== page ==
While these properties are not on the pathway of the 1811 Slave Revolt Trail, the extended experiences at Whitney Plantation and Historic Riverlands Church will help visitors gain insight into the significance of these historic events.
In addition to more details on insurrections and backgrounds of the participants themselves, Whitney Plantation is the only museum in Louisiana with an exclusive focus on the lives of enslaved people. Learn about the history of slavery on a southern Louisiana sugarcane plantation by visiting memorials built to honor enslaved people; as well as original slave cabins, a freedmen’s church, detached kitchen, and a 1790 owner’s house. Whitney Plantation has detailed information on the outcome of the insurgents involved in the 1811 Slave Revolt, including a memorial to those whose heads were set on poles as a warning to others who might try to revolt.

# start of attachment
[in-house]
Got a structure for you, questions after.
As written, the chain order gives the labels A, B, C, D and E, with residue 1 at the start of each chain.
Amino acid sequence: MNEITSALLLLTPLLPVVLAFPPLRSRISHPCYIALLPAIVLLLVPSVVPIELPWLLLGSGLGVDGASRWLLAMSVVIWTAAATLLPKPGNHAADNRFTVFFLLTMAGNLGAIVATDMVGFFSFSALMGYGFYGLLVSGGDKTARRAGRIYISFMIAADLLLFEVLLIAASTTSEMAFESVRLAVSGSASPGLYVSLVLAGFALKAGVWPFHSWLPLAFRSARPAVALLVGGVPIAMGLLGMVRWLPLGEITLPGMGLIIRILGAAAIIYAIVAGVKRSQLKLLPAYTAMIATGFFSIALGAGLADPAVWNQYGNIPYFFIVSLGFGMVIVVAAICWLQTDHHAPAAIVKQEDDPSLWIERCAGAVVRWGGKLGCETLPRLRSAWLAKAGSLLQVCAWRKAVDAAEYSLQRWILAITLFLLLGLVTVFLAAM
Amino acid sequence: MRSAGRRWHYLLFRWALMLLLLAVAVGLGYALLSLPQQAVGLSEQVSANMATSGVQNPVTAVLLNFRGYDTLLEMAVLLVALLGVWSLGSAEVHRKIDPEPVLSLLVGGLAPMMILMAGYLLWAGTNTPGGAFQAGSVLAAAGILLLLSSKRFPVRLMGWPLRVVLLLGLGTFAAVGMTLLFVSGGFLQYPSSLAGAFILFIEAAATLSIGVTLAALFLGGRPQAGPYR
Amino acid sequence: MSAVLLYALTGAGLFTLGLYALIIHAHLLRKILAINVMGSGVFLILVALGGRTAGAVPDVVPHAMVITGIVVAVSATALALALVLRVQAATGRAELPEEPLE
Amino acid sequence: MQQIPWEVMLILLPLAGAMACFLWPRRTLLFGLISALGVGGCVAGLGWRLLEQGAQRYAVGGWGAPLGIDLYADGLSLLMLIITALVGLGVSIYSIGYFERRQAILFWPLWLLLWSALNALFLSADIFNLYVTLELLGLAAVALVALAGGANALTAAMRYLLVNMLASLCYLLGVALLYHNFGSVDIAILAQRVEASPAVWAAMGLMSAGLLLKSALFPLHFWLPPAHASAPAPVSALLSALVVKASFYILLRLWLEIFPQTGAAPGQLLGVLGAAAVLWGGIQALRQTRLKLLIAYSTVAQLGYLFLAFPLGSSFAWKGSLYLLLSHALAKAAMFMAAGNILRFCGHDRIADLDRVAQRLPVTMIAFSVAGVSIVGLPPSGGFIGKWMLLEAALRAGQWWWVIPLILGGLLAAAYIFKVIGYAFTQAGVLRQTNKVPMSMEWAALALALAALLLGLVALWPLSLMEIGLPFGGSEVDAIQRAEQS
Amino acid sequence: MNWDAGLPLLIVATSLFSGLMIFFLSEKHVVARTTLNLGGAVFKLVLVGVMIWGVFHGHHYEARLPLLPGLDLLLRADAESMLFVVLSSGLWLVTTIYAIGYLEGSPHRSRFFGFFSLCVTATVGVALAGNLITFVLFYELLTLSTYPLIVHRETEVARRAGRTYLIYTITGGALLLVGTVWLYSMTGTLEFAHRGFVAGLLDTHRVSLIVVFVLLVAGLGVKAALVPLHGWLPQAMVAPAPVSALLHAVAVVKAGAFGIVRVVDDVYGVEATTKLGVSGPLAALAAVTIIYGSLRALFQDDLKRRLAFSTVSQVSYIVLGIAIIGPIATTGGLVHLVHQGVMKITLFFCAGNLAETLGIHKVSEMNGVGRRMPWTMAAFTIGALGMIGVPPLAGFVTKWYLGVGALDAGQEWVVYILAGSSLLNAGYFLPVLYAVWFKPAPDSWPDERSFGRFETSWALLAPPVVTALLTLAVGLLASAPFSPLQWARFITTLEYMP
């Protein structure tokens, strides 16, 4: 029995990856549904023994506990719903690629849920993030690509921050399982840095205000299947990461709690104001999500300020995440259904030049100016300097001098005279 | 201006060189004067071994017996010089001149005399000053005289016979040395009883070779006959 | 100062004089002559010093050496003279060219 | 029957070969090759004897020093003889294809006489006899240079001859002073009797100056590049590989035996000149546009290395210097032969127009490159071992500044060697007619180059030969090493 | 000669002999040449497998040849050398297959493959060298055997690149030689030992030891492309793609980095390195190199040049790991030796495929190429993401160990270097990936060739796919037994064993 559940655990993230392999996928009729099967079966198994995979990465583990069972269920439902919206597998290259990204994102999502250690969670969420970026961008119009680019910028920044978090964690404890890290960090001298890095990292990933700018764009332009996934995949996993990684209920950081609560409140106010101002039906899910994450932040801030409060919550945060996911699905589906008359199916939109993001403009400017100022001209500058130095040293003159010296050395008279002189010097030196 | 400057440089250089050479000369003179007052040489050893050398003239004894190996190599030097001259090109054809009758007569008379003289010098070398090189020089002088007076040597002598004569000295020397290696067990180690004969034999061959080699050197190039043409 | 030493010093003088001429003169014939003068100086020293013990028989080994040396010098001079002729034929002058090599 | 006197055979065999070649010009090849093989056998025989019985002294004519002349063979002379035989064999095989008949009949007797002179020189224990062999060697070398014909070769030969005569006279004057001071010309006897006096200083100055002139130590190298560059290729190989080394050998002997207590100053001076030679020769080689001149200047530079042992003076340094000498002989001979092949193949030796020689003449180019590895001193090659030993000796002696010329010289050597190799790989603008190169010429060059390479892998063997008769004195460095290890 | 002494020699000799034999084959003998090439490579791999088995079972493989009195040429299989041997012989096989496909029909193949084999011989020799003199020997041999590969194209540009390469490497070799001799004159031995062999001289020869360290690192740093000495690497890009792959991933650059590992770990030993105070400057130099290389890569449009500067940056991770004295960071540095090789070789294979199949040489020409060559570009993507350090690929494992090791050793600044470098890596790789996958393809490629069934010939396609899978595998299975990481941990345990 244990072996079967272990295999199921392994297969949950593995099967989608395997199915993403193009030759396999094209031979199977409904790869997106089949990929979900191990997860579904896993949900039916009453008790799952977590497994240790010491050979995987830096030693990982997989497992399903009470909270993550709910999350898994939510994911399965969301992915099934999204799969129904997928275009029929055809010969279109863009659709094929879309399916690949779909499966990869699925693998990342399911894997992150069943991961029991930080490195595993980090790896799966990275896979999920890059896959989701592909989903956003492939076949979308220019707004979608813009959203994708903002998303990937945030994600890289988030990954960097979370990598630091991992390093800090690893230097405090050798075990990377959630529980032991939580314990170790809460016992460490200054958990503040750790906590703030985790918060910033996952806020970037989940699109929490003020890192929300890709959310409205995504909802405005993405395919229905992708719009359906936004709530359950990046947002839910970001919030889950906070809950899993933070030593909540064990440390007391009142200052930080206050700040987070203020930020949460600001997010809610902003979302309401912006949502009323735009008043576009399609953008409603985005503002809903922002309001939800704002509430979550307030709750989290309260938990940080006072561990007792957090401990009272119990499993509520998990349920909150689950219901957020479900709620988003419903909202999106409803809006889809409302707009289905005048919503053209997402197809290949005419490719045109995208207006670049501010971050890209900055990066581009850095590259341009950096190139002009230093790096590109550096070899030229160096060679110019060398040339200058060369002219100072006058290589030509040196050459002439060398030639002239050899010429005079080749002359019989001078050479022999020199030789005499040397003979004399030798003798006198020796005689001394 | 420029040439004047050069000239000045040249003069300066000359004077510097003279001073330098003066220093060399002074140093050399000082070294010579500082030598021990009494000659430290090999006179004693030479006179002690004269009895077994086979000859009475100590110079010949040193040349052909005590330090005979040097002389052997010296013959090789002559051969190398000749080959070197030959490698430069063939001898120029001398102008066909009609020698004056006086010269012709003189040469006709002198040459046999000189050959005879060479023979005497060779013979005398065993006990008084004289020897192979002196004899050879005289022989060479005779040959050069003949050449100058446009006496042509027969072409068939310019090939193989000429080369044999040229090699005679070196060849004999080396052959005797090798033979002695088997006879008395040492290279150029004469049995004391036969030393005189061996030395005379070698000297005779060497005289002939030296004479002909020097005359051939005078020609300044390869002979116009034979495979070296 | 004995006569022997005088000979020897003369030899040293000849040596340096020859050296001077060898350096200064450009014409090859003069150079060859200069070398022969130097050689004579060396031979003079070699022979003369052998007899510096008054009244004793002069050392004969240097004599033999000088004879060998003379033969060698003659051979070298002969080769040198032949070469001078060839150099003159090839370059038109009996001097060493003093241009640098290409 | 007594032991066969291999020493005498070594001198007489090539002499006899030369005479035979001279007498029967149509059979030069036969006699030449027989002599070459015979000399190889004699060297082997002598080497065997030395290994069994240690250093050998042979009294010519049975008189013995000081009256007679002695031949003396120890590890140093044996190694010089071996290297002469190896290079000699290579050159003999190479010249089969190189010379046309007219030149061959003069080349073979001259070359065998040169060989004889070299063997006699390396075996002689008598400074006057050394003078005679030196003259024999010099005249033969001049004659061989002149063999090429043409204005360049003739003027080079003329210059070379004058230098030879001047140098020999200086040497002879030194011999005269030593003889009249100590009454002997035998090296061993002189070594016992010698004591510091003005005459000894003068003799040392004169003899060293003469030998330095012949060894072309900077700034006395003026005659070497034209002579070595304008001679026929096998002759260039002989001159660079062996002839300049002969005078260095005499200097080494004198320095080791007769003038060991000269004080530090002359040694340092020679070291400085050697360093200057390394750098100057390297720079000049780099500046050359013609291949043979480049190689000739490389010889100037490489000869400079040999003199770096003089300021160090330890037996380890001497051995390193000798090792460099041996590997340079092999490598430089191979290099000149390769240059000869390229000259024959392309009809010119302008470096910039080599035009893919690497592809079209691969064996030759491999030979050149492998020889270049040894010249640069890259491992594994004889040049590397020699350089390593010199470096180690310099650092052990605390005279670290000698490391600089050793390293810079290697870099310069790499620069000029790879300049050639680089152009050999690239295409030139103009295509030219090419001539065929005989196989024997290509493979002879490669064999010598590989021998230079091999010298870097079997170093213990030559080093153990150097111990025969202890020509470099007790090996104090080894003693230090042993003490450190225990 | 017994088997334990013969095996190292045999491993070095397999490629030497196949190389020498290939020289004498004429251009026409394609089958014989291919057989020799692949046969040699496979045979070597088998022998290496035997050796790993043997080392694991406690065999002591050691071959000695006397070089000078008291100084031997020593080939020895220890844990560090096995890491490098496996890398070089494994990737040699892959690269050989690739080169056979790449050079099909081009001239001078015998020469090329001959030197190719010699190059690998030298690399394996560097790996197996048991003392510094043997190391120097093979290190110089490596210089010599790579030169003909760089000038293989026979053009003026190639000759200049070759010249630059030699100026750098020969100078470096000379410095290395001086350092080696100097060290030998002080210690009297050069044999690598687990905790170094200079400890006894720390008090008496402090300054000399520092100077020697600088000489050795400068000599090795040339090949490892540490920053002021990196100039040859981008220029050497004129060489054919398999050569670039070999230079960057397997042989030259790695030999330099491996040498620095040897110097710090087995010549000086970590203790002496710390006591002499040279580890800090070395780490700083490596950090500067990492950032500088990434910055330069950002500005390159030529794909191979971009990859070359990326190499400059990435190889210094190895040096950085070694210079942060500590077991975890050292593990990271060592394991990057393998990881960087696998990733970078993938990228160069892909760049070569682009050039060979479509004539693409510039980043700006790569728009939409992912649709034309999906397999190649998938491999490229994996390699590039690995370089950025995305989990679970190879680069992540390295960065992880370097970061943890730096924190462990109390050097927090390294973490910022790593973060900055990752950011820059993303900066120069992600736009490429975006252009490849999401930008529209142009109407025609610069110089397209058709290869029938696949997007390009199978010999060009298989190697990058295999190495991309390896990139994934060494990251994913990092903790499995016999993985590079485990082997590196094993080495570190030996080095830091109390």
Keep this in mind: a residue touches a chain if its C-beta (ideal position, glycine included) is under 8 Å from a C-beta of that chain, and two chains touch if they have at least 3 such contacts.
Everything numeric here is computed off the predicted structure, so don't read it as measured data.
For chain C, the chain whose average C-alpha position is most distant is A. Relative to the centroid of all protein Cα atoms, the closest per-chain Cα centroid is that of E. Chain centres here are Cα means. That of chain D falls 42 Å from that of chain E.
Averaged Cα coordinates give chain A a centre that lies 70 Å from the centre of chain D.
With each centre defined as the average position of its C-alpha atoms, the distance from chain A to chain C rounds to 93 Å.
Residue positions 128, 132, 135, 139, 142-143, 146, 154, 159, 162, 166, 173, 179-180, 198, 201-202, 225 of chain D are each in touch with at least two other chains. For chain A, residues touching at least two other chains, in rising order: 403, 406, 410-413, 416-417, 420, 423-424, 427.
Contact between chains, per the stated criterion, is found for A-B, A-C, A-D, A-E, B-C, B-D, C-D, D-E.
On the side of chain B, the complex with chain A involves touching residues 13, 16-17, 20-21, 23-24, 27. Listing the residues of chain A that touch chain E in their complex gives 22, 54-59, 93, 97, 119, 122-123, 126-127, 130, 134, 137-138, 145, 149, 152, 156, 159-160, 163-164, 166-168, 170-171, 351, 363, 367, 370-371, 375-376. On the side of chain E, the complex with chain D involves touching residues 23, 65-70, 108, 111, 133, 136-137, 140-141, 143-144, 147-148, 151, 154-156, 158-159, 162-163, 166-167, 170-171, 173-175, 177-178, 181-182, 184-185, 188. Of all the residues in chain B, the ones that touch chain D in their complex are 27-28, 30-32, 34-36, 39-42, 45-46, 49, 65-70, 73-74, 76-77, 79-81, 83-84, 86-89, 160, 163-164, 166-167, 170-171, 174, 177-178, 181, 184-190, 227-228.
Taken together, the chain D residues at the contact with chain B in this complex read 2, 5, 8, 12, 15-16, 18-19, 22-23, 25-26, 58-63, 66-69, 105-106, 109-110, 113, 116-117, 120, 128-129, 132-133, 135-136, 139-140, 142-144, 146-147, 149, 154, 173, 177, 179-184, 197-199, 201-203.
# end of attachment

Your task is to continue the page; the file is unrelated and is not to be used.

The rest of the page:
Historic Riverlands Church
Historic Riverlands Church is located in Reserve, a few miles upriver from where the Slave Revolt began in 1811. In 2005, this site was listed on the National Register of Historic Places because of its local significance in the areas of religion, social history, and ethnic heritage. The church building is the original Our Lady of Grace Catholic Church which was built in the River Parishes specifically for African American parishioners due to segregation during the Jim Crow Era after the Civil War. The nationally acclaimed 2019 Slave Rebellion Reenactment, inspired and organized by artist Dread Scott, utilized Historic Riverlands’ grounds for meetings, costume fittings, and rehearsals (photos and footage of this event are on display).